1790 ca. ENGLISH POETRY 1579-1830: SPENSER AND THE TRADITION

William Jackson of Exeter

George Hardinge, "To William Jackson, of Exeter" 1790 ca.; Hardinge, Miscellaneous Works (1818) 2:13.



Jackson! whose Melodies — to Fancy's ear
Sweet prompters of the love-impassion'd Muse—
Her melting strains with eloquence infuse
That Verse despairs to reach! — The hope — the fear
Of amorous youth — and Beauty's glowing tear—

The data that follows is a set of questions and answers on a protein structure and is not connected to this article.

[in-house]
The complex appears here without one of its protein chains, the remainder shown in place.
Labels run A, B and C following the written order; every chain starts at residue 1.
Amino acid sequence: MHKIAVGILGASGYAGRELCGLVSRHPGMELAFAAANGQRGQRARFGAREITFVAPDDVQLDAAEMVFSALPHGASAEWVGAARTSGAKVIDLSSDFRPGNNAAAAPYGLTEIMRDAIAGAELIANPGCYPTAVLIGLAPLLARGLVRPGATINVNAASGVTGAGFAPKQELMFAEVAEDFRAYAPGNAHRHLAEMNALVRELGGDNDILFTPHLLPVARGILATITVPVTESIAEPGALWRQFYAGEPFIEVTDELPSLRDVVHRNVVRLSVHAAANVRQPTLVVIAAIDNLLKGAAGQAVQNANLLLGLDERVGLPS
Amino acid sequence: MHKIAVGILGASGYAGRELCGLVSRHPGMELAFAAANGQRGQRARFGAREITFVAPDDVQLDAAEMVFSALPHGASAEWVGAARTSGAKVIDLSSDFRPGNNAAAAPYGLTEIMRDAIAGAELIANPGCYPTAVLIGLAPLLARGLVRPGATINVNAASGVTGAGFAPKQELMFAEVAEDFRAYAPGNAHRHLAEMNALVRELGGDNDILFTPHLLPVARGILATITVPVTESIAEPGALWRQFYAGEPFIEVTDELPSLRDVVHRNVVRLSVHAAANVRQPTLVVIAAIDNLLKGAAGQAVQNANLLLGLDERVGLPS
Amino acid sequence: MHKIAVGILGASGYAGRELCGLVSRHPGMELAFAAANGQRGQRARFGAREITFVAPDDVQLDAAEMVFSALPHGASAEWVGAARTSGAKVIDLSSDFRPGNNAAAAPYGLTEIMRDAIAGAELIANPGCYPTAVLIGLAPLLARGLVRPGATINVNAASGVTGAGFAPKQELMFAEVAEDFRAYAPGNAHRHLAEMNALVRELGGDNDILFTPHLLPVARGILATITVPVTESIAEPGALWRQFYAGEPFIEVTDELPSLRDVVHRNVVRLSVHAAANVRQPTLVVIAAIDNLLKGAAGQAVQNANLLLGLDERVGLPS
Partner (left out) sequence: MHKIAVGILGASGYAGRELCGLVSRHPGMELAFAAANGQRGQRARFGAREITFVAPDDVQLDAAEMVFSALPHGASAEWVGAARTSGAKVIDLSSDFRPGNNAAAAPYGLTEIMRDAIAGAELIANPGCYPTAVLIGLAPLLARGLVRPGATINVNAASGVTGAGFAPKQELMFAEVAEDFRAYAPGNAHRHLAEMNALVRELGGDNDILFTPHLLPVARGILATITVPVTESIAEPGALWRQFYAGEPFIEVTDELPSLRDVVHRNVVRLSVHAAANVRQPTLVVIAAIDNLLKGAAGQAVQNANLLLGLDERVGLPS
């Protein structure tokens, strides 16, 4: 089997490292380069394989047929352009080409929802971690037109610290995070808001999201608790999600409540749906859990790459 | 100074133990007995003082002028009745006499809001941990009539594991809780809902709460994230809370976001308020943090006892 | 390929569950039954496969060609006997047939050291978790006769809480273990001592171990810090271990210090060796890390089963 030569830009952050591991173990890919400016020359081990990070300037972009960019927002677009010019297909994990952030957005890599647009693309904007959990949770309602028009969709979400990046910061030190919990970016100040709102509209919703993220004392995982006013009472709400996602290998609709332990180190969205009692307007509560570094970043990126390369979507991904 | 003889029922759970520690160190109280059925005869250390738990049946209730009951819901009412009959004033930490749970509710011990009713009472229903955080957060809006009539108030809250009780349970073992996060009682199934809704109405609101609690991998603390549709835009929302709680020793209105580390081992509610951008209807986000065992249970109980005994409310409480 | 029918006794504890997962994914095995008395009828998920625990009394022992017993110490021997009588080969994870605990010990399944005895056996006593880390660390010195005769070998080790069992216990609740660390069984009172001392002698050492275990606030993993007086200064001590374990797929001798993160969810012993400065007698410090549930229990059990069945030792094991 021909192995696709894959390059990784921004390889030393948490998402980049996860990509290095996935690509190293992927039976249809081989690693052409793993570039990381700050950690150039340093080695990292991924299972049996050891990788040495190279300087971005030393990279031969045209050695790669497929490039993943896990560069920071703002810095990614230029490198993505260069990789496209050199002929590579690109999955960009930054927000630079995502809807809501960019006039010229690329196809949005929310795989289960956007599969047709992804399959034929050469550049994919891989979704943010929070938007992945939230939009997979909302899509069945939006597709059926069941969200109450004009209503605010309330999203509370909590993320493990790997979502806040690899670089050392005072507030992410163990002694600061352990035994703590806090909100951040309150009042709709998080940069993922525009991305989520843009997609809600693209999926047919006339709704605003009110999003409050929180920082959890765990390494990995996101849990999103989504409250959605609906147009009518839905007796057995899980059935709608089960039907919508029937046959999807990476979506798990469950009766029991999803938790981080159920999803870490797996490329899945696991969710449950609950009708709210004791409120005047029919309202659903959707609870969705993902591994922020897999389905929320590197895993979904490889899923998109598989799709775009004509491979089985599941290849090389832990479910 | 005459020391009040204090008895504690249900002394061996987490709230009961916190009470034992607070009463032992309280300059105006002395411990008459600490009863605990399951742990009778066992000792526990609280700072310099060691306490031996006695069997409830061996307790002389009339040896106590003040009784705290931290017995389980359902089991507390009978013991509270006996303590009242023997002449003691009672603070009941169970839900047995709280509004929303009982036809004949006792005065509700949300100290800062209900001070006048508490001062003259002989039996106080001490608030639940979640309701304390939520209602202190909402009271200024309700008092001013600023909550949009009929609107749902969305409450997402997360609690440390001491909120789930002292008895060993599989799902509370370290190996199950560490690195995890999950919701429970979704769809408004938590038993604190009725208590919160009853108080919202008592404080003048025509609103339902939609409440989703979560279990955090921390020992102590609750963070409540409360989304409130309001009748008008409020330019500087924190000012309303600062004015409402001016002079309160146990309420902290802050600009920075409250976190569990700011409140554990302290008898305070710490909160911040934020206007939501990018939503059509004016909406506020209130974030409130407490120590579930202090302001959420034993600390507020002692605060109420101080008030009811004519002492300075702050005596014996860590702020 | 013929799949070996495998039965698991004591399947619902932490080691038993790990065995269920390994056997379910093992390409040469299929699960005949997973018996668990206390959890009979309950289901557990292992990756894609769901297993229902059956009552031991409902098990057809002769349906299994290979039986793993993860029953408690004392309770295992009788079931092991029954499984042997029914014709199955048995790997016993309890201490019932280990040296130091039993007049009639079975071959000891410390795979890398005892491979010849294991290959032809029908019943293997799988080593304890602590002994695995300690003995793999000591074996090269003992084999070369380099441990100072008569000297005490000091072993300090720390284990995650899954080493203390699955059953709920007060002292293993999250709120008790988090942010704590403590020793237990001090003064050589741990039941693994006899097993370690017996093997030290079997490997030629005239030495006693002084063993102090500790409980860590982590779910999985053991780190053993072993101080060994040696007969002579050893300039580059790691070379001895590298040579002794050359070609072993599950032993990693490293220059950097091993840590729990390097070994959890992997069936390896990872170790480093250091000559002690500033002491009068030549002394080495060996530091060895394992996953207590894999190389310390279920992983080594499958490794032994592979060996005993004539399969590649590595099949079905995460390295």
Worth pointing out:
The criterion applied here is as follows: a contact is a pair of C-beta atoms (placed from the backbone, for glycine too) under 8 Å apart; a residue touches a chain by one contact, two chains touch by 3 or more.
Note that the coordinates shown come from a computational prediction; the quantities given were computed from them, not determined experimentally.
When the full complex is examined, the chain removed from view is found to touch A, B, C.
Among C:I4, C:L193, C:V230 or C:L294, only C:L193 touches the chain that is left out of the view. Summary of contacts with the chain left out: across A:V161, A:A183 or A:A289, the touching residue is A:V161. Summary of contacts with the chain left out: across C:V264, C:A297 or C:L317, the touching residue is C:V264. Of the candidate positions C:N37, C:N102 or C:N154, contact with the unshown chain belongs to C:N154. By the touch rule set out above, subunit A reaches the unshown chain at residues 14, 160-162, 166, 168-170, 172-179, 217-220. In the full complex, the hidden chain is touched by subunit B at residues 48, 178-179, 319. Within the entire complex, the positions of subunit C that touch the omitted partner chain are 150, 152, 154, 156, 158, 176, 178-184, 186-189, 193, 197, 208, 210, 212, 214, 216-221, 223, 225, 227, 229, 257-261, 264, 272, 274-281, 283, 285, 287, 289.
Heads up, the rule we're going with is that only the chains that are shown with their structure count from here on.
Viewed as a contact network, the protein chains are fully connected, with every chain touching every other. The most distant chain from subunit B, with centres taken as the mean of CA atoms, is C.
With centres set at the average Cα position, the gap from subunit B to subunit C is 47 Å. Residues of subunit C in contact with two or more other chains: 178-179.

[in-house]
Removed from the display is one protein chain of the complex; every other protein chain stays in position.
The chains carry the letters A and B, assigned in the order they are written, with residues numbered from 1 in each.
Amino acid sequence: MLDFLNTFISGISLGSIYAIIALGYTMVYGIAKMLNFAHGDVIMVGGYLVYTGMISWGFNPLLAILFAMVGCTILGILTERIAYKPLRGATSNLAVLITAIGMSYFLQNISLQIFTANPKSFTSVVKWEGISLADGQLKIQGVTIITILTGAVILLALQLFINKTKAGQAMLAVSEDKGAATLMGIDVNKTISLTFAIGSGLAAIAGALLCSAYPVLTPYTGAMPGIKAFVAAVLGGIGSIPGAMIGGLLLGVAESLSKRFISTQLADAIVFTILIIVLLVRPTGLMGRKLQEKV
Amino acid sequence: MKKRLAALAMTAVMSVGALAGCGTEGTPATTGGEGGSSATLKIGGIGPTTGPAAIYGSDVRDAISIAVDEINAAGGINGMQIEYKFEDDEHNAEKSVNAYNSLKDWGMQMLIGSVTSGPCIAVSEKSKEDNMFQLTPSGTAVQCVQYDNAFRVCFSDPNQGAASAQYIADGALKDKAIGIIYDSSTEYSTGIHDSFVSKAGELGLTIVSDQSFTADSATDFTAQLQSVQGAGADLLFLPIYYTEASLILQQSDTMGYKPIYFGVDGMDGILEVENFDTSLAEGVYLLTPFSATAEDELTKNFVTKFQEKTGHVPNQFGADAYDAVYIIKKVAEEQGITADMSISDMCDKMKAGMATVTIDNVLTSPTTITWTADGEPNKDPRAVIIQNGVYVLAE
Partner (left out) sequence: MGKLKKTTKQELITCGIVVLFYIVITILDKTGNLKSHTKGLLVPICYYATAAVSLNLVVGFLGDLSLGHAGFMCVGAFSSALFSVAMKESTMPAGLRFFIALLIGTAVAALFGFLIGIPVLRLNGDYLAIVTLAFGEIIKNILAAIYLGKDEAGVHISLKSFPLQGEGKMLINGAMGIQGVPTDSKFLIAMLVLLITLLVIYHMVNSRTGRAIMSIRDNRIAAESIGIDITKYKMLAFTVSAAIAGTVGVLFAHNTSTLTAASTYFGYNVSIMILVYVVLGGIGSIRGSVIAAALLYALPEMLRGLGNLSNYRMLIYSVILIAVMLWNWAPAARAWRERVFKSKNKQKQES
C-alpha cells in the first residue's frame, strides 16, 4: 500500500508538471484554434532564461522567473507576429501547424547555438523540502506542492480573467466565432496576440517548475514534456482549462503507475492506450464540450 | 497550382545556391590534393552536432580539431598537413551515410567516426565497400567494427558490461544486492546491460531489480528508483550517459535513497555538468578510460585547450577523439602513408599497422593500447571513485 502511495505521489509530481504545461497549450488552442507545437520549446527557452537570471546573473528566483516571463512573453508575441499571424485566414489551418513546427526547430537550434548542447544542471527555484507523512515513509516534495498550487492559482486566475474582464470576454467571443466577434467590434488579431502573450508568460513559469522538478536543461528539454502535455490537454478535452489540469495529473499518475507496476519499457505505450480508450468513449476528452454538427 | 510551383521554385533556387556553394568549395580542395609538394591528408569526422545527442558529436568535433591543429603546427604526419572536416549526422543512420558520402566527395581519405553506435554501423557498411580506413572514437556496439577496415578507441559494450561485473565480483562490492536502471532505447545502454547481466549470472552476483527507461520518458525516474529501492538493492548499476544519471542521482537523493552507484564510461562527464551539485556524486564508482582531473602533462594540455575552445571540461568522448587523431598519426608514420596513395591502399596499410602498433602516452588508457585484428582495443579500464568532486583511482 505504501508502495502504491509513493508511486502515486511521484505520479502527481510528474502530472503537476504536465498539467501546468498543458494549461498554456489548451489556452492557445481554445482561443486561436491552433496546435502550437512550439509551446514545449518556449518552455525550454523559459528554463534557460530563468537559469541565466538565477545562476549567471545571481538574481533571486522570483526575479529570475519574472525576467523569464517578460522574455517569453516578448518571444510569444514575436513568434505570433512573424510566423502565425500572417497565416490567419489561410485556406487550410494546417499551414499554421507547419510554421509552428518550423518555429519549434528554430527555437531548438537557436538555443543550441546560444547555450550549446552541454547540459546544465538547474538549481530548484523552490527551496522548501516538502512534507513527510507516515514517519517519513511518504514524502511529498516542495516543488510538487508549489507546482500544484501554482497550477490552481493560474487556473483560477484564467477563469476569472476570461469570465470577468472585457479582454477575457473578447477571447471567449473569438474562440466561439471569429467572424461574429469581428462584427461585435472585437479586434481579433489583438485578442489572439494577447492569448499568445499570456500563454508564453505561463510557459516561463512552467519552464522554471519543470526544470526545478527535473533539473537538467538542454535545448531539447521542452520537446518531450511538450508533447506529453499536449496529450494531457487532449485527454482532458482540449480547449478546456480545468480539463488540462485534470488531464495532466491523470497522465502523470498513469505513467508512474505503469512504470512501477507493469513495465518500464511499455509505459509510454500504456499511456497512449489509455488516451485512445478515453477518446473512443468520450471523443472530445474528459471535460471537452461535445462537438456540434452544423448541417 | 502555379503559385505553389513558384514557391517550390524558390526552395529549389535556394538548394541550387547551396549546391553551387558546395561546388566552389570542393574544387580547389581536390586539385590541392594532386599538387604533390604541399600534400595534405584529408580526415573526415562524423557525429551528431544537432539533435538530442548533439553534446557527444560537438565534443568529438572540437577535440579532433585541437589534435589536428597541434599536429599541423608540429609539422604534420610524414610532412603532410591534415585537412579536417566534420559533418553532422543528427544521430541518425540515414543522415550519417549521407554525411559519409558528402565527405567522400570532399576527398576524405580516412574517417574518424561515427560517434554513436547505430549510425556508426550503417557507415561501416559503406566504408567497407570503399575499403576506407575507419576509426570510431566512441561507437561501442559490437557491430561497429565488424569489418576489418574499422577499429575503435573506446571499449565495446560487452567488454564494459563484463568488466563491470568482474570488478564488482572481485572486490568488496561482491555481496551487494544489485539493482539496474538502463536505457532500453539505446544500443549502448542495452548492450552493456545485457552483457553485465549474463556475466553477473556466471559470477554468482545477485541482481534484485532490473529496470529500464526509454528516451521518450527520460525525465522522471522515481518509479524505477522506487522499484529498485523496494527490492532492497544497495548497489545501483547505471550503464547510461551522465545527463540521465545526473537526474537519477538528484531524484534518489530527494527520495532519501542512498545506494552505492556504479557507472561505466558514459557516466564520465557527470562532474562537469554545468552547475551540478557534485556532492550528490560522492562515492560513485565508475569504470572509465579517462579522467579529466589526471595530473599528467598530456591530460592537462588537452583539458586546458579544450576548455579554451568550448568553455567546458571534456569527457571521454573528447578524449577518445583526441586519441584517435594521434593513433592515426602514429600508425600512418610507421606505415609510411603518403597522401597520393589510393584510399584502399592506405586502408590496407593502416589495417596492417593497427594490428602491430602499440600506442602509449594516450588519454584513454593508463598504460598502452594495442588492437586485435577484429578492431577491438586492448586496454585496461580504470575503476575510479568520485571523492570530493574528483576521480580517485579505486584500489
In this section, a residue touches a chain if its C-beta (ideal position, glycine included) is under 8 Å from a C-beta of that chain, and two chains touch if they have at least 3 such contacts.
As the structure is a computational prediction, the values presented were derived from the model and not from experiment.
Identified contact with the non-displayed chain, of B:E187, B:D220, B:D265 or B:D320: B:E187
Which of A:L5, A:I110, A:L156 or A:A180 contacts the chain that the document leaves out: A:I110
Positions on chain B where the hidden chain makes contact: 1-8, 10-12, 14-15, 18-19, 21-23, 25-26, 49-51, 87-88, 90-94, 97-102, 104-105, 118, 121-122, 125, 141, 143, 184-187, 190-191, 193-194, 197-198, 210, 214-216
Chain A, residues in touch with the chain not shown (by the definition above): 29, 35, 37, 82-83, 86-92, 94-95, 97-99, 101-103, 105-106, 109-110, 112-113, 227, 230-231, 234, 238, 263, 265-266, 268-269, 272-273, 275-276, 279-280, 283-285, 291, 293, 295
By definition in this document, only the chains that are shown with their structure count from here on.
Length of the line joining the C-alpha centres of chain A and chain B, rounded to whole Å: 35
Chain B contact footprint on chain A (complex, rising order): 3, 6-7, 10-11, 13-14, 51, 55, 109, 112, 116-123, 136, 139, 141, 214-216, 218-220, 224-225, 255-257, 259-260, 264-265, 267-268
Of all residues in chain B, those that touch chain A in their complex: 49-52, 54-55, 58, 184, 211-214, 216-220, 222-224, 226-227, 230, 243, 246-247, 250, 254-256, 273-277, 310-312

Assenting blushes, when the lips refuse—
The lov'd who fly — the Lover that pursues—
Confess thee — Minstrel of the heart; sincere
In homage to the lyre, whose fairy note
With art conceal'd, for ev'ry shade of thought
Breathes an appropriate sound! Thy numbers tell
A softer tale than musing Shenstone wrote,—
Or Emma's younger Bard* enamour'd caught
From the wild sweetness of a ruder shell.

* "The Nut Browne Maide," which Prior has improved. Jackson has beautifully set a part of it.